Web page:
Monday, 31 October 2016

Pagan is as Pagan does

This years Halloween (Samhain) story is a little bit different from usual. It's not spooky, it's not horrific, and no-one dies... So I'm sorry to those of you who like that sort of thing.


“Happy Halloween, Leanne!” Chloe’s sing-song voice cut through the otherwise quiet office like a chainsaw in a china shop.

I looked up at her, taking in the orange wig, stuck-on nose and the black, pointed thing on her head, which was more Harry Potter Sorting Hat than it was Samantha from Bewitched. “What the Hells are you supposed to be?”

“I’m a witch! Mr Wells said that it was OK for me to dress up to raise money for the local children’s hospice.” She rattled a pound-shop plastic cauldron at me.

“You know Chloe, you’re really not.” In all my years working in the offices of Lovecraft and Wells Engineering Ltd. (Est: 1890) I’ve never really figured out what it is that Chloe does. I mean, she’s the office organizer, the fundraiser, and there’s that whole rumour that Old Mr. Wells still has an A3 copy of the picture she took sitting on the photocopier with her pants in her hand a couple of Yuletide Parties ago. But as to her actual job – I had no idea.

“Well?” She shook the cauldron again, from the jingling I heard, there sounded to be at least a few pounds in there already as well as some paper. “Dig deep, Leanne – It’s for a good cause!”

I fished in my pocket where I normally keep the change for the coffee machine. All I had in there was a five pence piece, which seemed a little stingy even by my standards, some unidentifiable fluff, and a chunk of rose quartz that had fell off the hilt of my athame during a particularly boisterous cleansing ritual. “I’ll just need to get my purse.” I let out a quick plea to the Father God, asking that there was a fiver in there – because I’ll be damned if I was going to give her a tenner, orphans or not – Threefold return my left teat.

“When you’re ready Leanne, your lot are supposed to love this time of year.”

I heard a gasp from Mrs Geddes in the corner. And there was the unmistakable sound of an idiot, who’d just realized what she’d said, clamping her mouth shut.

“My lot?” I dropped my purse back into my coat pocket and slowly turned around to see her trying desperately to become invisible, “and, exactly which ‘lot’ would that be?”

Her flusterment was approaching critical mass, “I… Erm... You know… I mean… Devil Worshippers!” She pointed at the pentagram around my neck.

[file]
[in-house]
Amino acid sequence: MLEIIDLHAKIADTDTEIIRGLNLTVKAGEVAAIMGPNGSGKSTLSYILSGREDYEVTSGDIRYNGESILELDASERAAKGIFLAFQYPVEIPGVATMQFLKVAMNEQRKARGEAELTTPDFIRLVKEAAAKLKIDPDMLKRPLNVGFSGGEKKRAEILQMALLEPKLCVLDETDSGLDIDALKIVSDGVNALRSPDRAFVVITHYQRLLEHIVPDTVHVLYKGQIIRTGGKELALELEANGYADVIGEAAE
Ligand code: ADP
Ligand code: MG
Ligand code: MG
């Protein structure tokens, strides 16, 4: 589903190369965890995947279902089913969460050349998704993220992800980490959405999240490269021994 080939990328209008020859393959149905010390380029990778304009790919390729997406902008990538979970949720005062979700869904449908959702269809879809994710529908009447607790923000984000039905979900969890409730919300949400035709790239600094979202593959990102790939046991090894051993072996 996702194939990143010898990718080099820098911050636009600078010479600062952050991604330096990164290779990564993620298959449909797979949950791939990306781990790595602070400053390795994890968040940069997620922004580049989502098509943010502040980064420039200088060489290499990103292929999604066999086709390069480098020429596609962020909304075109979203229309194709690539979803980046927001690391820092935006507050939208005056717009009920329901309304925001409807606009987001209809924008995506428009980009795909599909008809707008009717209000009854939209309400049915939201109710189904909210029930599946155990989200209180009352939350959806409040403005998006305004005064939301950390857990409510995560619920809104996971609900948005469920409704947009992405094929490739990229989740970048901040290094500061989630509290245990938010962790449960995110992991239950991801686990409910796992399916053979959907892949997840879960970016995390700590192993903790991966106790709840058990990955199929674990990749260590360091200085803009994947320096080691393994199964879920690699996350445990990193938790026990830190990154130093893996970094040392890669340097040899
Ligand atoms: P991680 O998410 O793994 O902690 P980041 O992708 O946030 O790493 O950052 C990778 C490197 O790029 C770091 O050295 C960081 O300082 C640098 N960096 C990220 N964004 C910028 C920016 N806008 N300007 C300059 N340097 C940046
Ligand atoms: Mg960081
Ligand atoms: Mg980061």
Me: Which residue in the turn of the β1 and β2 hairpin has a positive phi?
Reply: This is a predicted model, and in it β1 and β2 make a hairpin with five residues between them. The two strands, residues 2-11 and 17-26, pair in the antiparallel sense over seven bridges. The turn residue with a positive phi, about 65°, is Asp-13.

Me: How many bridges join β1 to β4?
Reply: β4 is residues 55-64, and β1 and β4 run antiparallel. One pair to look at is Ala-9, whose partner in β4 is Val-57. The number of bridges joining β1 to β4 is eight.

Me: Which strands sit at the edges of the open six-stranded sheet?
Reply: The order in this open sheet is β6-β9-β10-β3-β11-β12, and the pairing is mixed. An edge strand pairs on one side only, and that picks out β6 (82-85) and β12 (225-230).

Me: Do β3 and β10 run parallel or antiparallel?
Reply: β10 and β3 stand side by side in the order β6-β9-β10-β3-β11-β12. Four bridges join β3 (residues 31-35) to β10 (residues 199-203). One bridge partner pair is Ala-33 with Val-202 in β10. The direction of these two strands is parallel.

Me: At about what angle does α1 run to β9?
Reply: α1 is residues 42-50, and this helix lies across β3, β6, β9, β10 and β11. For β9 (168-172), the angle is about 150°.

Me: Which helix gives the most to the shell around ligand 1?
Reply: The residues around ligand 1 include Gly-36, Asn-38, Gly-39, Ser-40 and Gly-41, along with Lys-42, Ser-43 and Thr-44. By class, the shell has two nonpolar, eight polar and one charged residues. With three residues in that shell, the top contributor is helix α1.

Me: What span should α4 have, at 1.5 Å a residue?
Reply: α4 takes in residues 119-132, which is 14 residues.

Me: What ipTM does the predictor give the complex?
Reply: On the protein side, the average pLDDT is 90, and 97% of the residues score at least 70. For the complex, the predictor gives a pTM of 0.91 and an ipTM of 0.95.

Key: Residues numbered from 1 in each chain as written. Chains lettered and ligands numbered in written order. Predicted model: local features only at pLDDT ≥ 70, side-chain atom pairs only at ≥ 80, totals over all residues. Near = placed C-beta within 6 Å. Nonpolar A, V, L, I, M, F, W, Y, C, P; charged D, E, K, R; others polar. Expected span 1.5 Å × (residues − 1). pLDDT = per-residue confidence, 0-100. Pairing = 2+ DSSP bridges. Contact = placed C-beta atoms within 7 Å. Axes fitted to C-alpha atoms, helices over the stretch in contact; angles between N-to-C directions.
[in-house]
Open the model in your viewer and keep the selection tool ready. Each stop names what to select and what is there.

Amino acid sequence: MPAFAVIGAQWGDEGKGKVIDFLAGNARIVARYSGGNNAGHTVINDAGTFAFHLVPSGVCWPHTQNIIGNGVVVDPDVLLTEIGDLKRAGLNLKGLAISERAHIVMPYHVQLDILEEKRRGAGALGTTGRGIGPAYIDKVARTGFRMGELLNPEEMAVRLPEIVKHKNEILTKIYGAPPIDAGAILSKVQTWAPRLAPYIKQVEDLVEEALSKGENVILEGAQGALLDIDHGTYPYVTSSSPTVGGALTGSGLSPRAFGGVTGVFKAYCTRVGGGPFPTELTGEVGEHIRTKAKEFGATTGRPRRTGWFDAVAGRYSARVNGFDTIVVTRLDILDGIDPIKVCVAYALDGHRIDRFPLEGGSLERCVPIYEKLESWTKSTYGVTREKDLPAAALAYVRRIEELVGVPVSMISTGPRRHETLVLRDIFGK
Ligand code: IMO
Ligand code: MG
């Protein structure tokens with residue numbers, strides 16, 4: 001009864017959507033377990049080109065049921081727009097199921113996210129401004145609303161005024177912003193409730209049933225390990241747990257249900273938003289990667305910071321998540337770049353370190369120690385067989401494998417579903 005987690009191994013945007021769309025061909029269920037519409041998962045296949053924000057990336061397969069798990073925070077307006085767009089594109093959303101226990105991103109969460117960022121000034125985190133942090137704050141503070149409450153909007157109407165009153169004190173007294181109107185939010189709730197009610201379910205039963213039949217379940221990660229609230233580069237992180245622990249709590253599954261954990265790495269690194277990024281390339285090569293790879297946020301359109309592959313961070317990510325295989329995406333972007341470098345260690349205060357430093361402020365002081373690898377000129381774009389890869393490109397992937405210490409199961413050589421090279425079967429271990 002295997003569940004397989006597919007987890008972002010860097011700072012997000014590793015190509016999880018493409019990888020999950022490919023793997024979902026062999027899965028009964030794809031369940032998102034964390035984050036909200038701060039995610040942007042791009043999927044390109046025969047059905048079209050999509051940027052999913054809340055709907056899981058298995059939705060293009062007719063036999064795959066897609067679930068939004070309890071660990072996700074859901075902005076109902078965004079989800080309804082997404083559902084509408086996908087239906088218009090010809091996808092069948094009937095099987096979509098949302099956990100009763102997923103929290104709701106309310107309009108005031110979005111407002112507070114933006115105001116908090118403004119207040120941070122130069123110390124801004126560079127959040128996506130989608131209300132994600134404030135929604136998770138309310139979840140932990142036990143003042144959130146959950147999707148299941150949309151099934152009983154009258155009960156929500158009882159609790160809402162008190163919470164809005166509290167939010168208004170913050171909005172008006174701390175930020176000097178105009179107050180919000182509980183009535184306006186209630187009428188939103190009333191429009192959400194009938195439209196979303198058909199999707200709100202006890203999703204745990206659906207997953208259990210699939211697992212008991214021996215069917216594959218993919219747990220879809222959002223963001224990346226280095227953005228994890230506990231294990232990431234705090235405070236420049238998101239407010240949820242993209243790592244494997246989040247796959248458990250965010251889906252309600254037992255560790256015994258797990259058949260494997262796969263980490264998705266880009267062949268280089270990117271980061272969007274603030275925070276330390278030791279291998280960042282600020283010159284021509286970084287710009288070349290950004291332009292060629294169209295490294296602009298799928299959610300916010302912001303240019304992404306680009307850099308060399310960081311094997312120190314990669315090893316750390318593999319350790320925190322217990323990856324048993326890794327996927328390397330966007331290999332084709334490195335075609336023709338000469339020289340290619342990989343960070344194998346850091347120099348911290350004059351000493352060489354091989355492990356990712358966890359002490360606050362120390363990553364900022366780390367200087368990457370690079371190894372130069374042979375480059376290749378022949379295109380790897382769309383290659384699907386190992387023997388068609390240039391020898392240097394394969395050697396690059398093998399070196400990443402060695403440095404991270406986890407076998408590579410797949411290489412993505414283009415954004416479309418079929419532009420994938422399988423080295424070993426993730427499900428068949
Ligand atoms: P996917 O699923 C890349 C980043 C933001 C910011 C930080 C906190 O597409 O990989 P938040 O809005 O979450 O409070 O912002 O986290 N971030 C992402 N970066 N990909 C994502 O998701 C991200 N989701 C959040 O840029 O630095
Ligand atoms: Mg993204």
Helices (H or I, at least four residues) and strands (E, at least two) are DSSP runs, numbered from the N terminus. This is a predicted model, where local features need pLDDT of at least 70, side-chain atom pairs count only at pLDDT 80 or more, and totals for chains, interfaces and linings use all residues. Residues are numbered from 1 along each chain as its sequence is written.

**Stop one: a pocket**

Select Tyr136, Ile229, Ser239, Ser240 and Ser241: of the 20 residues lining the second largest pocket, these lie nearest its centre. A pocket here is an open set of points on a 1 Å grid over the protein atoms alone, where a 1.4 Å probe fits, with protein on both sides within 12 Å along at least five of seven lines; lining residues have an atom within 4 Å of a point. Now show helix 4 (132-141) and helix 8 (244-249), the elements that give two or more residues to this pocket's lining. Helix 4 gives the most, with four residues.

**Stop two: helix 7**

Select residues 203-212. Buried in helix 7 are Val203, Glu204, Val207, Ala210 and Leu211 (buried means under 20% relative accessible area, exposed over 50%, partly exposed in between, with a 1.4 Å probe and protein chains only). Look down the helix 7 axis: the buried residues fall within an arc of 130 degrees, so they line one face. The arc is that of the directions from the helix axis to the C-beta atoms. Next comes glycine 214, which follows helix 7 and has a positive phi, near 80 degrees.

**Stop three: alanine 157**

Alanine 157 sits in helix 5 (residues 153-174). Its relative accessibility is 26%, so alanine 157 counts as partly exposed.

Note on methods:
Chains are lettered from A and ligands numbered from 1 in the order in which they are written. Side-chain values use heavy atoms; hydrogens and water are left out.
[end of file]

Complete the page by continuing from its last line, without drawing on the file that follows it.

Mrs Geddes excused herself and left the room, presumably to hide in the disabled toilet until things had all blown over, like she normally did.

“You’re going to need to try again Chloe, I’ve got no problem getting HR involved.”

“HR? Erm… You’re a… I think that…” A look of panic grew in her eyes, “I want to use the right word, I… don’t want to…”

“Give it your best try.”

“You’re a witch!” she cried, and her entire body sagged as if she was trying to hide behind her desk.

“Close. In fact, I am a card-carrying member of the Wiccan faith.” I looked at her confused expression, “And before you ask, no, we don’t carry actual cards.” Well, we do, but she didn’t need to know that, it’d just confuse her even more, It helped separate us from the Hedge-Witches.

“Isn’t that the same thing?”

“Wiccans and Satanists? No, not really.”

“I just assumed…”

“A lot of people do… Look, would you ask Mr Balil over there why he worships an Elephant?”

She seemed to be on firmer ground here, “No, of course not, because he’s a Sikh, not a Hindu.”

“Good, and what about Sven in the workshop, would you ask him about what he has to do on a day-to-day basis to appease the God Mars?”

“Well, obviously not, because Mars is a Roman God, and Sven follows the Norse gods.”

“Precisely! Which technically makes him a Pagan you know?”

“I didn’t know that, no.” She looked genuinely proud of herself as she was answering these questions, and I had the desperate urge to wave a biscuit under her nose to see if she’d sit up on her hind legs. “I have a GCSE in Religious Education.”

“And yet you don’t know the difference between Wiccans, Pagans and Satanists?”

“They weren’t covered in the syllabus.”

I shook my head, “They never are. As a matter of interest, which religion are you Chloe?”

“I’m a Christian.” She replied, her chest swelling with pride.

“Which type?” I asked, more for devilment than anything else, “Protestant, Anglican, Lutheran, Calvinist, Presbyterian, Baptist, Adventist, Seventh day Adventist, Jehovah’s Witness, Charismatic, Pentecostal, Millerist, Quaker, Unitarian, Apostolic, Christian Scientist or Nontrinitarian?”